Adders are exiting hibernation, and dog owners are being warned to be on high alert as a number of them have been seen across the county. A bite from an Adder can be particularly fatal to a dog.
The species is also the only venomous snake native to Great Britain.
After emerging from hibernation in early spring, Adders will spend a number of days (or weeks) basking on and off in open sunny sites within woodland, moorland, or heathland grassland where the snakes can catch and feed on rodents and lizards.
The Adder's breeding season starts in April/May and then the young emerge in August/September. Unlike most snakes, female Adders do not lay eggs but give birth to live young.
Dave Leicester, head of clinical intelligence at Vets Now, has drawn up an advice guide on what to do if a dog is bitten by an adder:
If you think your dog has been bitten by an Adder, take him to a vet as quickly as possible. The sooner your dog sees a vet, the better their chances of making a full recovery.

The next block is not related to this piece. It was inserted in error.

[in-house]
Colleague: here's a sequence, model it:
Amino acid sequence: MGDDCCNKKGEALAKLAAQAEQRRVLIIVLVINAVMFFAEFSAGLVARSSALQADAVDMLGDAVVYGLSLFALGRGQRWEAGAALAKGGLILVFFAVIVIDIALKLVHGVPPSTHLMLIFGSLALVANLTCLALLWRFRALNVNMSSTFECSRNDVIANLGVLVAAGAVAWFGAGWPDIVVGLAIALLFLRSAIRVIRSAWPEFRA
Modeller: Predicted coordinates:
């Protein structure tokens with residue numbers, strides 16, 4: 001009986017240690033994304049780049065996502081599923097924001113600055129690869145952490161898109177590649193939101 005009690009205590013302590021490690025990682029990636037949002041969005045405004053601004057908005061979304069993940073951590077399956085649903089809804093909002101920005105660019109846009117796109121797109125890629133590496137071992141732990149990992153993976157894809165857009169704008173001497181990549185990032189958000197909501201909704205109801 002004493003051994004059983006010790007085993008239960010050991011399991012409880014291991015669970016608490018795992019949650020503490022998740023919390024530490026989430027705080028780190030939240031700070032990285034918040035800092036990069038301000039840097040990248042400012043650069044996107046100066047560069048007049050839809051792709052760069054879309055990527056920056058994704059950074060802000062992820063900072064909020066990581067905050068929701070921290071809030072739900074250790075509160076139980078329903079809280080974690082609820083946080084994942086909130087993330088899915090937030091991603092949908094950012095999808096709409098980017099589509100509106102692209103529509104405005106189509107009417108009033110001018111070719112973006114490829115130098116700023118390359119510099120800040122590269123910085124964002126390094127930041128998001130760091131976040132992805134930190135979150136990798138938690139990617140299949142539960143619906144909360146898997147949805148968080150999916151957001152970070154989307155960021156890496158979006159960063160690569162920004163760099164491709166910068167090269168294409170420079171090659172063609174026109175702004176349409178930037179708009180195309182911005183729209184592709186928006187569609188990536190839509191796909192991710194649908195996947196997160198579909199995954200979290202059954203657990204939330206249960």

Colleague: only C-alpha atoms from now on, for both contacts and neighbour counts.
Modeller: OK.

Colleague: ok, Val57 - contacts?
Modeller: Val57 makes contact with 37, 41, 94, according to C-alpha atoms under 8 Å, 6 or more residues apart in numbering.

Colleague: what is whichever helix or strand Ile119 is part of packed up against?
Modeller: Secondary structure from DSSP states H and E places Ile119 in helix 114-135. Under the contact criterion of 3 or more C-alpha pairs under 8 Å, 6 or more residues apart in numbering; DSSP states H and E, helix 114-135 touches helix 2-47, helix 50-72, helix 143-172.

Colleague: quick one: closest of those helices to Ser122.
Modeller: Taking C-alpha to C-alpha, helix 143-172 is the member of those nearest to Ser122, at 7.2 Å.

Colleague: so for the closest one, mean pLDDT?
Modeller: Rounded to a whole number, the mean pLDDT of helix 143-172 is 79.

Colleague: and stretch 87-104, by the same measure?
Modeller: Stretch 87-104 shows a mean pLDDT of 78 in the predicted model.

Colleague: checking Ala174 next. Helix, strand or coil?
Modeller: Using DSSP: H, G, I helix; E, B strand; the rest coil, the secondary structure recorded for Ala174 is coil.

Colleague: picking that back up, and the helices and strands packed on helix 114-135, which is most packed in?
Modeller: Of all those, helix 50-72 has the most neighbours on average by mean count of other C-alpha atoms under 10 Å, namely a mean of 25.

Carry your dog to reduce the spread of the adder’s venom around your dog’s body.
Bathe the wound in cold water to help control the swelling.
Keep your dog warm, but not too warm, and quiet as you transport him to the vet.
Don’t attempt any first aid as this can do more harm than good.
He said: “Adder bites are more frequent in the spring when the snakes are just out of hibernation.
“Adders will only bite a dog in self-defence. Generally, bites occur when a snake is stepped on or disturbed.
“Most adder bites occur on a dog’s legs or face and typically result in a dark, painful swelling. Owners may also be able to see two small puncture wounds in the centre of the swelling.
“The swelling can become severe and may result in breathing difficulties, as a consequence of an allergic reaction to the toxin, particularly if the dog has been bitten around the head and neck.